Commission Should Enable Switching to Clean Energy for Heat

Credit: Credit: NEEA Image Library

California homes and businesses must transition to clean, renewable sources of energy for heating our buildings and water in order to meet the state’s climate goals. A diverse group of 27 organizations―local governments, utilities, environmental organizations, and others―this week asked the California Public Utilities Commission (CPUC) to improve access to funds for switching to clean energy for heating.

Moving to renewable heating sources (like electricity from sun and wind power, or biogas from sustainable sources) for water heating and space heating is of growing importance in a state like California, where our increasingly clean electric grid means that other energy-related sources of climate pollution (like fossil gas burned to heat buildings and water) become key targets for emissions reductions. In California, direct emissions from residential and commercial buildings are approximately equal to the pollution from all in-state power plants, and most are from fossil gas burned in buildings. Notably, these emissions from buildings do not include all “fugitive” emissions, where gas is unintentionally released during the production, storage, transmission, distribution, and onsite use of gas.

The motion filed at the CPUC this week asks that the commission revise a policy that currently restricts the use of energy efficiency incentives for projects that involve switching between types of energy; for example a rebate to help pay for moving from a standard gas water heater to a super-efficient electric water heater. Changes to this policy could increase funding for efficient technologies that also drastically reduce climate pollution by switching to cleaner sources of energy.

This chart shows the emissions from a super-efficient, electric heat pump hot water heater (the green line) compared to other water-heating technologies as the grid gets cleaner (i.e. as the percent of renewables on the electric grid increases along the x-axis).

Carbon Intensity of Gas and Electric Water Heaters

This issue hasn’t escaped the notice of top California policy makers. Governor Jerry Brown rightly highlighted the need to “make heating fuels cleaner” in his 2015 State of the State address. And CPUC President Michael Picker stated at a recent public meeting that, “We can get to 100 percent clean electricity across the state, but we don't get to our greenhouse gas goal unless we start to supplant gas and transportation fuel with clean electricity as our first fuel.”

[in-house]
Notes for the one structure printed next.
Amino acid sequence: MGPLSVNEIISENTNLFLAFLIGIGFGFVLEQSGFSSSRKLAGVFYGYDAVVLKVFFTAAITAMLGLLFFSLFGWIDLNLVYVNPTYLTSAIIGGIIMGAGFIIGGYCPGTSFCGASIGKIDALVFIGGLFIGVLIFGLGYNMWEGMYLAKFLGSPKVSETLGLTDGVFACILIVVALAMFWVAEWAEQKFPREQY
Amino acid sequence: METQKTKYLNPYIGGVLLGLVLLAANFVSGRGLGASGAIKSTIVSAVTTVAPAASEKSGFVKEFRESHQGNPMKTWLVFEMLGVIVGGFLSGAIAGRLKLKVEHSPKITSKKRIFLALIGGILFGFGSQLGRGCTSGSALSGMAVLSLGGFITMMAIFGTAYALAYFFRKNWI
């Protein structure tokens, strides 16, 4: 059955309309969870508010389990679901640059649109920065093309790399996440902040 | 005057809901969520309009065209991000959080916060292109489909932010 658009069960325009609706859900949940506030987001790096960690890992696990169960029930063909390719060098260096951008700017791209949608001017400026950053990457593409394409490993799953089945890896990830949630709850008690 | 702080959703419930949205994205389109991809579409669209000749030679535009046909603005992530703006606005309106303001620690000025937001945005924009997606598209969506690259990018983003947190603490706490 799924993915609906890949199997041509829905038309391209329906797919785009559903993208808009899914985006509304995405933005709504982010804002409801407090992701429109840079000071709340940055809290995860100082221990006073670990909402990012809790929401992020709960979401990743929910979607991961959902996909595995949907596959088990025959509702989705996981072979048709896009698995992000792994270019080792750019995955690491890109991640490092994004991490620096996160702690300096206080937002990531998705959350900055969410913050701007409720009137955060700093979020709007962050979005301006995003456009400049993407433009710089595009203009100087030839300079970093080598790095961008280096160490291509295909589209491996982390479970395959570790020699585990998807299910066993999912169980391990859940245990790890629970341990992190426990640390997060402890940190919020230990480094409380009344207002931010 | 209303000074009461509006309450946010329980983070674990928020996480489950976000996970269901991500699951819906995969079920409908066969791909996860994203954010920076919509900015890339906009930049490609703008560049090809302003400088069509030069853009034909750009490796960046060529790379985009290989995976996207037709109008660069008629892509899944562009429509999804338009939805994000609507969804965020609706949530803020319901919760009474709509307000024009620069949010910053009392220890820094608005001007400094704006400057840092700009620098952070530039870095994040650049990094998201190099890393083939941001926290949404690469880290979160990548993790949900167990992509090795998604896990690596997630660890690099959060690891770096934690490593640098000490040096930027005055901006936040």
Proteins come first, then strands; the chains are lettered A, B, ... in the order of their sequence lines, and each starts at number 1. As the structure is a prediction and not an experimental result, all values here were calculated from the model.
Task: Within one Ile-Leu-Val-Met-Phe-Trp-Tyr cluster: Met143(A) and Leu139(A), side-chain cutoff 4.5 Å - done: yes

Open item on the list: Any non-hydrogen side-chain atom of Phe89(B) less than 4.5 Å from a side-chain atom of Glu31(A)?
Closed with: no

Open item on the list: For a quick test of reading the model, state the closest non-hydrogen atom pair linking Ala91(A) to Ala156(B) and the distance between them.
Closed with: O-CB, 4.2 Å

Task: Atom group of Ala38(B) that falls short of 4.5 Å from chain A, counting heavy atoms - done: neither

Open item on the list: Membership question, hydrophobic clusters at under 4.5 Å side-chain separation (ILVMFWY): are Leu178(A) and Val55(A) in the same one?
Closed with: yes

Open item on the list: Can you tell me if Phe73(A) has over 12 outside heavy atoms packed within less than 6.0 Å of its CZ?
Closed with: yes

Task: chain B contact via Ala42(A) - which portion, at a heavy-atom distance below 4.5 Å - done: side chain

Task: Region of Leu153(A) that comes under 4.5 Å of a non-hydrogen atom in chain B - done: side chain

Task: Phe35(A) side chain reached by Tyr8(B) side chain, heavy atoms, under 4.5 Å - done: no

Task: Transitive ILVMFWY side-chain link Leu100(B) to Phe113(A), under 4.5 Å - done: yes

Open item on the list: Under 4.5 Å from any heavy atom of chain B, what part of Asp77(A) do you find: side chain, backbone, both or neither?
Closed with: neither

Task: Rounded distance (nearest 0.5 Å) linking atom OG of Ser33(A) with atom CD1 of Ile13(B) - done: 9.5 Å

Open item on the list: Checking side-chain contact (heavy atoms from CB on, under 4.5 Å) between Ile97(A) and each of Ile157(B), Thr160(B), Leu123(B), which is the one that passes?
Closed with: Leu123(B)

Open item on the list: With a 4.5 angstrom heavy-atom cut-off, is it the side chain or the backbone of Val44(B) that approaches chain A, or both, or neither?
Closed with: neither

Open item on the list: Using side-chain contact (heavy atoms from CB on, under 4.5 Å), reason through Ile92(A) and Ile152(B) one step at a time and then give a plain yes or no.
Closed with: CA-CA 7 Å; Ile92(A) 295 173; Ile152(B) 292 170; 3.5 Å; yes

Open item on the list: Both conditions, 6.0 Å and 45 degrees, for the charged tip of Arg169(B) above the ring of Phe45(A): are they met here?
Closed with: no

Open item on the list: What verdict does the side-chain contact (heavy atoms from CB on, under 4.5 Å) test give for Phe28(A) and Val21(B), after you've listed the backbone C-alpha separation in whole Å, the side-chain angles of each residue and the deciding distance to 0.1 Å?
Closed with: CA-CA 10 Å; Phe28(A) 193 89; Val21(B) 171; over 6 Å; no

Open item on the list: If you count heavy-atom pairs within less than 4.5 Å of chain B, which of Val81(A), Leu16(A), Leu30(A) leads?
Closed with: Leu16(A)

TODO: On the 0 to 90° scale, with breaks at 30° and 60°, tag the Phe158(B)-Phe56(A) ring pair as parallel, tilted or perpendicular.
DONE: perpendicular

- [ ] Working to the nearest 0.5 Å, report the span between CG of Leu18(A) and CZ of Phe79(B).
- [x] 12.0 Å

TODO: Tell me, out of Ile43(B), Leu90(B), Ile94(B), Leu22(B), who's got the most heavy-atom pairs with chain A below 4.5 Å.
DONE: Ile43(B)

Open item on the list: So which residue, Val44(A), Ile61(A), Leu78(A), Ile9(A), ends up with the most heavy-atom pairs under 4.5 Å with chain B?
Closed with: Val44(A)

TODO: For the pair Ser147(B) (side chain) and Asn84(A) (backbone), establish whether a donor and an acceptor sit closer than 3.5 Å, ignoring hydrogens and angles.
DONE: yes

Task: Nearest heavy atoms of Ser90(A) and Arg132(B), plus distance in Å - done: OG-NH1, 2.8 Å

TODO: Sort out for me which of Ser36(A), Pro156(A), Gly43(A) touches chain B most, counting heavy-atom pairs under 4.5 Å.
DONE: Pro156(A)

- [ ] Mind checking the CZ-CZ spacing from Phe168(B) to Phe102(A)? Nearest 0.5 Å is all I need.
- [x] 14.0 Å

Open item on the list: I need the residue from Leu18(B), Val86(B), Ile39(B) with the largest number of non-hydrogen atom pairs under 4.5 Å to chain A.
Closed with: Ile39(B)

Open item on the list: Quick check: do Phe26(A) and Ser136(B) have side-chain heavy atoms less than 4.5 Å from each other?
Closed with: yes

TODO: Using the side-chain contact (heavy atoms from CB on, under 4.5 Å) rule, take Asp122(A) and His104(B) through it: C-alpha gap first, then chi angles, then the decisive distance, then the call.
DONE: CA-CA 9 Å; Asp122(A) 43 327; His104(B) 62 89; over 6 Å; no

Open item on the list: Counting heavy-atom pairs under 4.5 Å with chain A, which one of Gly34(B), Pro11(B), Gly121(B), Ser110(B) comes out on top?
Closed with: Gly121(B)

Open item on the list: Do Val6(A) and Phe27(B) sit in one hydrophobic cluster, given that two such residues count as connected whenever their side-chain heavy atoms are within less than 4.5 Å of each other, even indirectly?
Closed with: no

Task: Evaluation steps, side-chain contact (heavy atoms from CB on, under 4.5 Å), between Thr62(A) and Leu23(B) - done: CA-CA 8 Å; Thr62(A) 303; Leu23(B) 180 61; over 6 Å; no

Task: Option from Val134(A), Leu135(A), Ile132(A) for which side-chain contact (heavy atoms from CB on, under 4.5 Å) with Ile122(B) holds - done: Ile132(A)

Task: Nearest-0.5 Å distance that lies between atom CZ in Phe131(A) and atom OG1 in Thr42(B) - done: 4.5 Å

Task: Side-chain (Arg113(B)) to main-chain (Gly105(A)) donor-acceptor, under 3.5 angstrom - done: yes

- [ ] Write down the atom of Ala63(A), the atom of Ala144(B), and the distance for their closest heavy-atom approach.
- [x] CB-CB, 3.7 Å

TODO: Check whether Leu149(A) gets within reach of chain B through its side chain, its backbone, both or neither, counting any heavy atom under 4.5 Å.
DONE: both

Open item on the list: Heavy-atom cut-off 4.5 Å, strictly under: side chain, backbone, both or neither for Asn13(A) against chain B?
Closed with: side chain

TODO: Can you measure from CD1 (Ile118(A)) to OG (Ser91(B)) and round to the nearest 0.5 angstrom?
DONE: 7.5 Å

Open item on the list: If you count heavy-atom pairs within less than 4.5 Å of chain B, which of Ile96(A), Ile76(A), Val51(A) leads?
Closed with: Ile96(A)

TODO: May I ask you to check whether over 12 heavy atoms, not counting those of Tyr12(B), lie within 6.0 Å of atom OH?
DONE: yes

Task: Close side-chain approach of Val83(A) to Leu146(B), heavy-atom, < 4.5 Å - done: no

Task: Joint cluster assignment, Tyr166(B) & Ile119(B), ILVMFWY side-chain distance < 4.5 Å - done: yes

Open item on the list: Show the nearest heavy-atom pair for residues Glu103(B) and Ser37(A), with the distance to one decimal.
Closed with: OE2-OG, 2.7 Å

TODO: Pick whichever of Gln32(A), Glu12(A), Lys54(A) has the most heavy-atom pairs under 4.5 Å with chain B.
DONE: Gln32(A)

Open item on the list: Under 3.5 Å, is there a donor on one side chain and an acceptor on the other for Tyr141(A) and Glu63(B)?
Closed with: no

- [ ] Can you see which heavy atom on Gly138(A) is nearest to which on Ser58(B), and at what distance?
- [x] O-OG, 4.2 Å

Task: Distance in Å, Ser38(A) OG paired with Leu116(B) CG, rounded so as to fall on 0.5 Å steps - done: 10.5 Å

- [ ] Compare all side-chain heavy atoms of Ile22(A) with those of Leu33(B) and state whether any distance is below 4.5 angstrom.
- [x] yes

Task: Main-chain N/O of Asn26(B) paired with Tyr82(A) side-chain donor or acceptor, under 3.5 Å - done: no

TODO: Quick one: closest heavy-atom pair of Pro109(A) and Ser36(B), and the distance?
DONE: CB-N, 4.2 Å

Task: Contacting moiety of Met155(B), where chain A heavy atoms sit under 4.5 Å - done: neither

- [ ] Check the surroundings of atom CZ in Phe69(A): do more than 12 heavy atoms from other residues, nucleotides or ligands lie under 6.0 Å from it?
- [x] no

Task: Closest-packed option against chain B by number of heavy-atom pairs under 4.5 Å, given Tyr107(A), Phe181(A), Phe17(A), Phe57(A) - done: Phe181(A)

But there has yet to be significant policy leadership to directly address emissions from the energy for heating our buildings and water. This motion calls for one concrete step that the commission can take, and highlights the wide support for tackling this issue. Action is required today to enable the infrastructure and technology changes required to meet 2030 and 2050 climate goals, and this initial step is one of many required to reduce climate pollution from buildings in California.

NRDC was joined by these organizations in calling for action from the CPUC:

  • Association for Energy Affordability (AEA)
  • Association of Bay Area Governments (ABAG)
  • Build It Green
  • California Efficiency + Demand Management Council  
  • Carbon Free Palo Alto
  • Center for Sustainable Energy (CSE)
  • City of Arcata
  • City of Berkeley
  • Clean Coalition
  • County of Marin
  • Design AVEnues LLC
  • Efficiency First California
  • Environmental Defense Fund (EDF)
  • Local Government Sustainable Energy Coalition (LGSEC)
  • Southern California Edison (SCE)
  • Marin Clean Energy (MCE)
  • Redwood Energy
  • San Francisco Department of the Environment
  • Sierra Club
  • Solar Energy Industries Association (SEIA)
  • SolarCity Corporation
  • Sonoma Clean Power
  • Sonoma County Regional Climate Protection Authority
  • StopWaste
  • Union of Concerned Scientists (UCS)
  • University of California Office of the President (UCOP)

Notes: The motion filed on June 8, 2017 with the CPUC is available here, and includes citations for the information provided above.

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